The SEC is investigating Michael Milken

February 27, 2013, 7:57 PM UTC
Michael Milken

FORTUNE — The Securities and Exchange Commission is investigating the relationship between Michael Milken and Guggenheim Partners, Fortune has learned.

The federal agency is examining whether Milken, the one time king of junk bonds who agreed to a lifetime ban from the securities industry, is violating the terms of that ban in his dealings with Guggenheim, which manages $170 billion and led a consortium last year that bought the Los Angeles Dodgers.

Milken has been a longtime client of the firm and at times has had as much as $800 million invested with Guggenheim, some of it in a hedge fund run by the firm’s president Todd Boehly. News of the investigation, as well as his relationship with Milken — who in the past sometimes spoke to Boehly multiple times a week — is contained in a cover story about Guggenheim in the March 18 issue of Fortune. (You can read the story here: Guggenheim is flexing its $170 billion muscles)

Milken’s settlement with the SEC for his role in the 1980s Wall Street scandals allows him to manage his own money. But he is banned from acting as an investment advisor or broker. The SEC is looking at whether Milken is violating that ban by effectively acting as a manager of Guggenheim investments beyond his own, according to sources familiar with the investigation. The question is: Has Milken provided advice in exchange for some form of compensation? The SEC is looking at a number of transactions that Milken has done with Guggenheim. In one instance being investigated, Milken and the firm jointly invested in an energy company called Milagro, which says the infusion helped it buy the Gulf Coast operations of Petrohawk Energy for $825 million in 2007.

Boehly has been subpoenaed by the SEC and the firm has handed over tens of thousands of documents, including trading records and emails, to investigators. SEC investigators are in regular contact with Guggenheim, but so far the probe — which has been going on for two years — hasn’t resulted in any formal action.

Guggenheim denies that Milken has managed others’ accounts. “Mike doesn’t have an ownership or managerial role of any kind at Guggenheim,” says its CEO, Mark Walter. “The firm’s interaction with him is no different than it is with a number of its clients, including during 2008-09 when many called several times a week at various times.”

SEC spokeswoman Christina D’Amico declined to comment.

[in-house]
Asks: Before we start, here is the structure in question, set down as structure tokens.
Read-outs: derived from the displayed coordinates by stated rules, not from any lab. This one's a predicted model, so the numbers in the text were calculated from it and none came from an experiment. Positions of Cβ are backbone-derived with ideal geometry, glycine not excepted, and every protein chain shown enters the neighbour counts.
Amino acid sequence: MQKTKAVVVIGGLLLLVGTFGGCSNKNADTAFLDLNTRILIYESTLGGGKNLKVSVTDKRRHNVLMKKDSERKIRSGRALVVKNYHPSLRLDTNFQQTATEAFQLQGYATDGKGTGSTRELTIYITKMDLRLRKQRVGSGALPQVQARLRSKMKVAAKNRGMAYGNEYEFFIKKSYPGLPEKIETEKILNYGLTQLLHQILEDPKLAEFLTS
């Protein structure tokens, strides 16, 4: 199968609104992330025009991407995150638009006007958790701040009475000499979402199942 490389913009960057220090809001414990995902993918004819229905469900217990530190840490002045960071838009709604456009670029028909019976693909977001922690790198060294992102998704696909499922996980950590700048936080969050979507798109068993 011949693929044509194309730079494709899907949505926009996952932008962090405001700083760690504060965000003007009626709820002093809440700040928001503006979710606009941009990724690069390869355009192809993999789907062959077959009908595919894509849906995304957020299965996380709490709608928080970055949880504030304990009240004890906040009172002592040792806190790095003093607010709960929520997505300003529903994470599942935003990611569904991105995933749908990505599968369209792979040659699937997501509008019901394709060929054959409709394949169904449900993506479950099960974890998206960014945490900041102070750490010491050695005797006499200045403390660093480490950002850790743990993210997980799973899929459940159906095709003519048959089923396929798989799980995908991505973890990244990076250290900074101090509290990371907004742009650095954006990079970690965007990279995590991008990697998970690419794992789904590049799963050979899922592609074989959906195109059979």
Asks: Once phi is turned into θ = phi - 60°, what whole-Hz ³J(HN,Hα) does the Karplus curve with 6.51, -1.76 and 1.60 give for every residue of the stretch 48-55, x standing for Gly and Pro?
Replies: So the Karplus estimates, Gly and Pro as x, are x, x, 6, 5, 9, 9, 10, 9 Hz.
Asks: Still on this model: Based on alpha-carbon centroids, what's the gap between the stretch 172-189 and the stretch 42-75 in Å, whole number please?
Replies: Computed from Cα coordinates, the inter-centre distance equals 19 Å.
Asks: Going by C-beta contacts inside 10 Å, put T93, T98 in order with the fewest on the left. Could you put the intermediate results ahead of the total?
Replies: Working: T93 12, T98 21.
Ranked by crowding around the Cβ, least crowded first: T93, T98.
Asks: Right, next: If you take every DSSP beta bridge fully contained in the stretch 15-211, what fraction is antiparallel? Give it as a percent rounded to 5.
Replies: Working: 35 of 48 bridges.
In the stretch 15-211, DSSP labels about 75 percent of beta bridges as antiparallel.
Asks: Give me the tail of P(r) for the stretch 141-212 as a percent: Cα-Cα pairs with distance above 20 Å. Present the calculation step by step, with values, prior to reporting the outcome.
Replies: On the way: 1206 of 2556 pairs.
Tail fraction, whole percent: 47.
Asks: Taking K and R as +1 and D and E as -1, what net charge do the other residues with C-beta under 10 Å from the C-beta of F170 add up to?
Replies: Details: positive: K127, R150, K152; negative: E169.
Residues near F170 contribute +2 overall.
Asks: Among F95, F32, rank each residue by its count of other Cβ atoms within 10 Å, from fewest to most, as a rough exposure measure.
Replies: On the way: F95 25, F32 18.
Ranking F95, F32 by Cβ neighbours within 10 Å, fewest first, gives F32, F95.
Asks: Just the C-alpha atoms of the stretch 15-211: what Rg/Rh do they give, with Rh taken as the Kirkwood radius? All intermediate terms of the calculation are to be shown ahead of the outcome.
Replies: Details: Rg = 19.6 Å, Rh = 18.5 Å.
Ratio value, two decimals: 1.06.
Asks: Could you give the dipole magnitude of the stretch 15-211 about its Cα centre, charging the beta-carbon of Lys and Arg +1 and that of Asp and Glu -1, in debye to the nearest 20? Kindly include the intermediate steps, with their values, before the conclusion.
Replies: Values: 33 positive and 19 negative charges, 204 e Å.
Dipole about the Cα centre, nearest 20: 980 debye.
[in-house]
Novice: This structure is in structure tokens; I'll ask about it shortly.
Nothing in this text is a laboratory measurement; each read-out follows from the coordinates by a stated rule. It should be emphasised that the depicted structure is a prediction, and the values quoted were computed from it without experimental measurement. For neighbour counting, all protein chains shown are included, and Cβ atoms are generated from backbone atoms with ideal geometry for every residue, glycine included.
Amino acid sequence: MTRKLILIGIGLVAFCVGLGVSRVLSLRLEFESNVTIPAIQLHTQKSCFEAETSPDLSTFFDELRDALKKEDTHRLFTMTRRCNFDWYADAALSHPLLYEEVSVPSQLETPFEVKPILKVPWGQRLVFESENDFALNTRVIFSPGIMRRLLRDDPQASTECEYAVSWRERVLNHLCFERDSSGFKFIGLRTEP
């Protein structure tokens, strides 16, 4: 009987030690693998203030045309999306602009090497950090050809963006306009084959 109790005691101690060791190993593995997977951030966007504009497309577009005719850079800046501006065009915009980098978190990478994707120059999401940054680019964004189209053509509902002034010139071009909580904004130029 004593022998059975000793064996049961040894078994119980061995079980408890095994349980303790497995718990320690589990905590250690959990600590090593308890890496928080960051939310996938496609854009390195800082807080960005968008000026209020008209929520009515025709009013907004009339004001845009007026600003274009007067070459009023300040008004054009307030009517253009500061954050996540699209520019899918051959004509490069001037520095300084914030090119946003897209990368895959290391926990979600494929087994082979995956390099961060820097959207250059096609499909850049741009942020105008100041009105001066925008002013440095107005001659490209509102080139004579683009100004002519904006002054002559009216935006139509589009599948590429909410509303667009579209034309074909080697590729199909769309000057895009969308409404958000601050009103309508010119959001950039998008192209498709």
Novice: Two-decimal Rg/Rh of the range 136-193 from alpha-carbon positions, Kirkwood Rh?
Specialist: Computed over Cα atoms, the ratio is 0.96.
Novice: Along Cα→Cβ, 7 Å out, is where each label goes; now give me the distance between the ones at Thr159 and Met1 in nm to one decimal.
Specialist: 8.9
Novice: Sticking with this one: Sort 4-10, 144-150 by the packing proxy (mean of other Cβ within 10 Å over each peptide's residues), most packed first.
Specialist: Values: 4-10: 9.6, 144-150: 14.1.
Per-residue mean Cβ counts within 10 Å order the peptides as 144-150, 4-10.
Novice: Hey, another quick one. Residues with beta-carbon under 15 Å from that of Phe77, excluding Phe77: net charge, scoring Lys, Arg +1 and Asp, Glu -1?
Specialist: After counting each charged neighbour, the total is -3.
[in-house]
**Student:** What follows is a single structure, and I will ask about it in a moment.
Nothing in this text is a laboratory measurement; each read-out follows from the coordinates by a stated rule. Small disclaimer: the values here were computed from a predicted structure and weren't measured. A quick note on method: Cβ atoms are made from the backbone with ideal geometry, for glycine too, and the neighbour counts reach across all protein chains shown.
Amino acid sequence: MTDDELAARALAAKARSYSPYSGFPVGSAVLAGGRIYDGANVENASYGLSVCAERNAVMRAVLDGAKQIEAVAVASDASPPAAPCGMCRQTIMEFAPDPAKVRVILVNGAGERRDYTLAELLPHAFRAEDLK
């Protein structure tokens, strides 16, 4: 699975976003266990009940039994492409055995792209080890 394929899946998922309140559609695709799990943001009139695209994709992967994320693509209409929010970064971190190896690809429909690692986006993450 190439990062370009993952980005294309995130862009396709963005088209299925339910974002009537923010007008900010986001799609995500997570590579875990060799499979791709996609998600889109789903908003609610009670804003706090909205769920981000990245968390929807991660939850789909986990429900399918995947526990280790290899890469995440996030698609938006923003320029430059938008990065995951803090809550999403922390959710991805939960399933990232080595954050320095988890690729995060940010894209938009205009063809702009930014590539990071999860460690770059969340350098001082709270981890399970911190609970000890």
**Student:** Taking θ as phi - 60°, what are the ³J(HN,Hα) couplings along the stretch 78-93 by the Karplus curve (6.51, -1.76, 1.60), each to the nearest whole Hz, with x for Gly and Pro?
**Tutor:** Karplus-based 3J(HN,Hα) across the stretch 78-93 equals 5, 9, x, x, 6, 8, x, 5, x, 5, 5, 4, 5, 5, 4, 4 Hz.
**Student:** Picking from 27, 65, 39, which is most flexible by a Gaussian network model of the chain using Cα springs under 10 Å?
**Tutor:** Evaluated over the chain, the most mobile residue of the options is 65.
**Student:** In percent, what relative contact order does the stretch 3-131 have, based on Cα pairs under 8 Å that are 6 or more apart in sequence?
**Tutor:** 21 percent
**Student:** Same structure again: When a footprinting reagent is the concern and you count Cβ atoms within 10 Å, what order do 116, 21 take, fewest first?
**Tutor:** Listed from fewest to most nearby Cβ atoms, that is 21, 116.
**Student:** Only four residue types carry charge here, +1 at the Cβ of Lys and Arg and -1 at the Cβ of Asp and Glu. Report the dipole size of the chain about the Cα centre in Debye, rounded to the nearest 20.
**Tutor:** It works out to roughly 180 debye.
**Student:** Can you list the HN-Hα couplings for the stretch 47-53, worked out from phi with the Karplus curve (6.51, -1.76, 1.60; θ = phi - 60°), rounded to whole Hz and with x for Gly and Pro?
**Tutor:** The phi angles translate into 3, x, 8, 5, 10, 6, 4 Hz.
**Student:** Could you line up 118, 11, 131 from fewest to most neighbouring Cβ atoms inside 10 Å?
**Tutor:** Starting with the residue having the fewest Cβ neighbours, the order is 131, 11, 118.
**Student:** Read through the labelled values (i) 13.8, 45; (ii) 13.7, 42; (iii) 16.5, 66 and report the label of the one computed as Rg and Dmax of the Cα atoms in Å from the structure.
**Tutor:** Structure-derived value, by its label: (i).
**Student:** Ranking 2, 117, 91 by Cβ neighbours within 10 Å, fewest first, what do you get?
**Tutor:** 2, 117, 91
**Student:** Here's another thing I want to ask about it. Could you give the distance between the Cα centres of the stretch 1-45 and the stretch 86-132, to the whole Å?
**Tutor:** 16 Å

Milken, 66, has spent years rehabilitating his image following a 22-month prison stint in the early 1990s after he pleaded guilty to federal charges of securities and tax fraud. He also accepted a ban from the industry as part of an SEC settlement. A few years after he left prison, the SEC alleged that Milken had violated his ban by advising Ron Perelman and Rupert Murdoch on deals. In 1998 Milken settled the SEC’s claim for $47 million without admitting or denying wrongdoing.

A prostate cancer survivor, Milken has led charity efforts involving cancer research and education. (Guggenheim’s Boehly is active in Milken’s prostate cancer foundation.) In 2004, Fortune published a cover story about Milken titled, “The Man Who Changed Medicine.”

A spokesperson for Milken provided the following statement: “For the past 20 years, Michael Milken has devoted the overwhelming majority of his time to philanthropic initiatives, especially in education and as an advocate for medical research on a wide range of life-threatening diseases. He and the non-profit organizations he leads have raised hundreds of millions of dollars directly for research that has been further leveraged by many billions of dollars of private-industry and government investment in follow-on studies. More than a mere supporter of research, he has been widely credited with changing the approach to the development of improved therapies and cures as well as disease prevention. He does spend time on his and his family’s personal investments, including working with many investment advisors and money managers. He discusses investments with these advisors from time to time, but only as an investor of his funds and those of his family. During this entire time, he has had no desire to be in the securities business in any capacity and has strictly avoided doing anything that could be interpreted otherwise. In 1998 Mr. Milken did settle an SEC investigation into certain consulting activities. He had been paid fees for consulting on three separate transactions after being advised by his attorneys that he was permitted to engage in such consulting activities. He was battling cancer at the time and decided to resolve the matter by returning the fees paid on two of the three transactions. There was no fine and no finding, admission, or denial of wrongdoing.”